copy of the original Latin edition of the
"Letters of Columt as," printed in 1493.
A WOMAN'S Scho )1 of Journalism has
been opened in Detroit, where girls are
taught type-setting, short-hand, proof-read
ing, revision of manuscript and reporting
so far as it can be taught.
A Jolting on the Rail
Grievously disturbs the stomach of invalid
travelers. The motion of the ship and vi
bration of the screw in crossing the ocean
does the like for many in good health. All
travelers should have, as a companion,
Hostetter's Stomach Bitters, which for*'fies
and regulates the stomach and bowels, coun
teracts hurtful influences of climate and
changes of temperature, and is a sovereign
remedy for malarial, rheumatic and kidney
IT is a little funny, isn't it that draught
causes a cold, cures a cold and pays the
doctor's billlPhiladelphia Gall.
A Madman at X.arge i
He is a well-known citizen, and his nearest
and dearest friends do not suspect his in
sanity. How do we happen to know about
it? Listen his appetite is gone, he is low
spirited, he don't sleep -well, he has night
sweats, he is annoyed by a hacking cough.
These symptoms are the forerunners of con
sumption and death, and yet he neglects
them. Is it any wonder that we call Iiim a
madman? If you are his friend tell him to
get a bottle of Dr. Pierce's Golden Medical
Discovery without delay. It will cure him
if he takes it in time. It will not miracu
lously create new lungs when the old ones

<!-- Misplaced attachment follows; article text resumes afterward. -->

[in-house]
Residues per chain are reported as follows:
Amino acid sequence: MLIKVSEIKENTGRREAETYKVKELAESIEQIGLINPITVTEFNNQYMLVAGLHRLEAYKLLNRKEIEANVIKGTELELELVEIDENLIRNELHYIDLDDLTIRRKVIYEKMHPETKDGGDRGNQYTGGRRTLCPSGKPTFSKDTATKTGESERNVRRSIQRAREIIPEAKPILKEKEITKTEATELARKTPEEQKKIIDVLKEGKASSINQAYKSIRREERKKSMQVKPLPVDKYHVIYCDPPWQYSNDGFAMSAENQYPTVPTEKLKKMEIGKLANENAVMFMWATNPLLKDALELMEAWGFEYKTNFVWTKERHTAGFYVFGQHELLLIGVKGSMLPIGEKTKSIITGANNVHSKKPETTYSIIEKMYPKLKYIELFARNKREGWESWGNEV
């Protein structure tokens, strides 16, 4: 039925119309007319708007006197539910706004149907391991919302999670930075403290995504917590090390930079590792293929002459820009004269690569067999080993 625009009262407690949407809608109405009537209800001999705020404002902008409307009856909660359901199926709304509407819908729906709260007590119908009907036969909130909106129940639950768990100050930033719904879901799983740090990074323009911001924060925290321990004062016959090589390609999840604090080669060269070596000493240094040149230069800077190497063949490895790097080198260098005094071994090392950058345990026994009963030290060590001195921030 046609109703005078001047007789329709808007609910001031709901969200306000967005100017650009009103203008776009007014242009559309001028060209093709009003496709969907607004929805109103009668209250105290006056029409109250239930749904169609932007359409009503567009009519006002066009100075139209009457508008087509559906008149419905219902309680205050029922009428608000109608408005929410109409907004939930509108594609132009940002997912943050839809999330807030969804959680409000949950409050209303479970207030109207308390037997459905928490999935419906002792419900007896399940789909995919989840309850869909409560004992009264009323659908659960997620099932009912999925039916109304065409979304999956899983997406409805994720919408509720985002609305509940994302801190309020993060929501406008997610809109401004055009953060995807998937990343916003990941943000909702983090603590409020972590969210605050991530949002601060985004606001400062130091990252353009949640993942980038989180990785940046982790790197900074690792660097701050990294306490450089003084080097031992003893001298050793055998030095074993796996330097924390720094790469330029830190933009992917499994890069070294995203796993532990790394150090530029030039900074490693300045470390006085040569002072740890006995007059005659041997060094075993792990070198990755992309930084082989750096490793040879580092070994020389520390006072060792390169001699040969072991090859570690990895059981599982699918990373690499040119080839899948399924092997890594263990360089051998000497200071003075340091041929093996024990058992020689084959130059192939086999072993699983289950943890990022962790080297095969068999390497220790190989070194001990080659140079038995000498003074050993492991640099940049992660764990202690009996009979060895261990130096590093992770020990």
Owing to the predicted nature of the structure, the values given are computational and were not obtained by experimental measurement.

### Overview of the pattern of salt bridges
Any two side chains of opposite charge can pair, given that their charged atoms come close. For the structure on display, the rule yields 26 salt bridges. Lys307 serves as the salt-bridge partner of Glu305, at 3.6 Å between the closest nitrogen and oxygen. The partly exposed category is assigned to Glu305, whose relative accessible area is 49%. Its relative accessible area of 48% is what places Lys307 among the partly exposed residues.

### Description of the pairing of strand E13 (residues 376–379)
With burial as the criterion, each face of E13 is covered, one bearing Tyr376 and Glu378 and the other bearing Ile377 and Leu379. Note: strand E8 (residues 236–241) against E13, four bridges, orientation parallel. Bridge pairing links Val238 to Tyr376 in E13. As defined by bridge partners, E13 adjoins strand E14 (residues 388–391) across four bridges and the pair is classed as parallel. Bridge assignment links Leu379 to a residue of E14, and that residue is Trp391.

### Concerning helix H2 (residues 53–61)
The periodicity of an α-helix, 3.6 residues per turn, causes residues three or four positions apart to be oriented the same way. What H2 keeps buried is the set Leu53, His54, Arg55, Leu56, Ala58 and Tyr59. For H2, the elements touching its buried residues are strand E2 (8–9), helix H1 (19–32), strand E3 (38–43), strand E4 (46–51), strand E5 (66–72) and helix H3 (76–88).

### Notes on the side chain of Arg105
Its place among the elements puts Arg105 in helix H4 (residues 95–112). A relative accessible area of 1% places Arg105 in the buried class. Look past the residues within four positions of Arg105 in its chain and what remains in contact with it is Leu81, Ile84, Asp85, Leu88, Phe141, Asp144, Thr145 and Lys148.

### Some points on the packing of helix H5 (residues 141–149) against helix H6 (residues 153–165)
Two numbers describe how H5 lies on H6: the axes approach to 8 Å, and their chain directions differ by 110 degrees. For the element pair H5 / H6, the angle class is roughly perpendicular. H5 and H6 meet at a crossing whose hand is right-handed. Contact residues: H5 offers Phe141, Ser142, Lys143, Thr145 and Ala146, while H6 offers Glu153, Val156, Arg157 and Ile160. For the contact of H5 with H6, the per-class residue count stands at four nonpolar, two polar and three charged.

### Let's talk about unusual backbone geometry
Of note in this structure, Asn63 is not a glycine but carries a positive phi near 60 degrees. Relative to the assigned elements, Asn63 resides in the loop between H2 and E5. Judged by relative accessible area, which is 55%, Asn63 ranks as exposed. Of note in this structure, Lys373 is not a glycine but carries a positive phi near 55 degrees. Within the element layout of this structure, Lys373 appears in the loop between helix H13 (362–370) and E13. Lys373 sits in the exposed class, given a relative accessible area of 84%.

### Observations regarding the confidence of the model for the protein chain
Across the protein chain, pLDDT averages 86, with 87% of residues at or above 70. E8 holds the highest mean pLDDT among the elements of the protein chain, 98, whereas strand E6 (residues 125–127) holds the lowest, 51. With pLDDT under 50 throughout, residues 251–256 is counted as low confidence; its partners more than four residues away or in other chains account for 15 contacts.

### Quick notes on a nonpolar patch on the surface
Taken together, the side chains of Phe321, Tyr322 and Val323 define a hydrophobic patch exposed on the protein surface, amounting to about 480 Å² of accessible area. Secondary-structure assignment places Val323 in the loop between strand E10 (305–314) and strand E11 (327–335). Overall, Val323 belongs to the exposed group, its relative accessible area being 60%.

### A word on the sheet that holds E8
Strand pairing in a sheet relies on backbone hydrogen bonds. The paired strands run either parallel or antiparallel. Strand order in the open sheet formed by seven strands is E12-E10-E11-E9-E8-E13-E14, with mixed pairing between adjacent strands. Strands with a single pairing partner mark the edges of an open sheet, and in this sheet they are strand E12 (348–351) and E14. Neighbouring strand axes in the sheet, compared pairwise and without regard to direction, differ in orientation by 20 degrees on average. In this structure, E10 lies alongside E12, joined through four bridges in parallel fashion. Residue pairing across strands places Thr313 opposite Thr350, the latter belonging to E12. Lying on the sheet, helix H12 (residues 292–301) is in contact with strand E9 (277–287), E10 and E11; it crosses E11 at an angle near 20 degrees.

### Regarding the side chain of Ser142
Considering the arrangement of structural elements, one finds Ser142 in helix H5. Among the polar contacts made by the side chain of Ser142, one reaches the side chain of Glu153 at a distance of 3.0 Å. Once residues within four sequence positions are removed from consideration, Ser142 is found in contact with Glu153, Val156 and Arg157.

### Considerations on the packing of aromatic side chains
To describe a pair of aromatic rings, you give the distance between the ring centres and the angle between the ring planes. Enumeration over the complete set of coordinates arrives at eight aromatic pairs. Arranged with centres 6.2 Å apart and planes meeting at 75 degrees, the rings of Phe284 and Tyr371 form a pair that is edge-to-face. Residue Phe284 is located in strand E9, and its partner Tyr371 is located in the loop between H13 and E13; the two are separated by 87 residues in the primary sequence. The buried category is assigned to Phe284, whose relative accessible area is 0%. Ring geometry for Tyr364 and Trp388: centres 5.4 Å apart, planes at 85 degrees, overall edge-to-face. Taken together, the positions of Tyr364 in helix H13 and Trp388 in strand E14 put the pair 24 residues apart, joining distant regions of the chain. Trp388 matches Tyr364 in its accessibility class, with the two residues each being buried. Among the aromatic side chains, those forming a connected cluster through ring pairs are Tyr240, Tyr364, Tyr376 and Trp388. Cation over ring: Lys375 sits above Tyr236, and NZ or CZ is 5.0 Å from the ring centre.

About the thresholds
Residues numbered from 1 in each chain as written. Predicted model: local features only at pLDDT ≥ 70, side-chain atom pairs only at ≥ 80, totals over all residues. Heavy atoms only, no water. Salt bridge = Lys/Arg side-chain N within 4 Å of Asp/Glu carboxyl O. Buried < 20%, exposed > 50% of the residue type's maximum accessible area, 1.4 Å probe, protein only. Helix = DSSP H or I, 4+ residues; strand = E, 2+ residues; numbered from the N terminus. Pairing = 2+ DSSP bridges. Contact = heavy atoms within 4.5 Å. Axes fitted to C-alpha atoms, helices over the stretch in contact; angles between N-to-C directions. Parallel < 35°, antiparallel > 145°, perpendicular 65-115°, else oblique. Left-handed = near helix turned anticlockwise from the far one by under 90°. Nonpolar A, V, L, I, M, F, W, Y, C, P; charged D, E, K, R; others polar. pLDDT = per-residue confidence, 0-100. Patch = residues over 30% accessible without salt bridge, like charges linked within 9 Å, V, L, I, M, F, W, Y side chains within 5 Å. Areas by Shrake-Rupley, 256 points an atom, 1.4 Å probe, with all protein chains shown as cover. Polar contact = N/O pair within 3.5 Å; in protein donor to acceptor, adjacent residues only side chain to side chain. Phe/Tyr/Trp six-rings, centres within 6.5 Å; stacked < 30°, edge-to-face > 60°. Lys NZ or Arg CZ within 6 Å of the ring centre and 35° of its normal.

are nearly gone, but it will restore diseased
ones to a healthy condition. Tell him about
it, and warn him that in his case delay
A BOY live years of age is astounding the
people of Haddonfield, Pa., and surround
ings with his phenomenal chess playing.
He has defeated the experts of his vicinity
and baffles those of years and experience.
IF afflicted with Sore Eyes use Dr. Isaac
Thompson's Eye Water. Druggists sell it 25c.
A POLITICAL candidate will often win a
man over to his side by a simple drink.
This is what is known as a winning smile."
The fact that the sp.le of Dr. Pierce's
Pleasant Purgative Pellets exceeds that of
any other pill in the market, be it great or
small, is on account of the fact that they are
tiny, little, sugar-coated granules, and that
in most cases one little "Pellet" is sufficient
for a dose that they are purely vegetable
and perfectly harmless and for constipa
tion, biliousness, sick headache, and all dis
eases arising from dei-angement of the liver,
stomach or bowels, they are absolutely a
specific. A gentle laxative or active cathar
tic, according to size of dose.
ALL for the betterthe jack pot.N. Y.
W E are informed that anew and powerful
ly-written story, delineating college life in
America, and the remarkable religious ex
perience of a former infidel and other stu
dents, in which the great truths of Chris
tianity are dealt with in a manner calculated
to interest all readers, has just been written
expressly for the christian Herald, by Rev.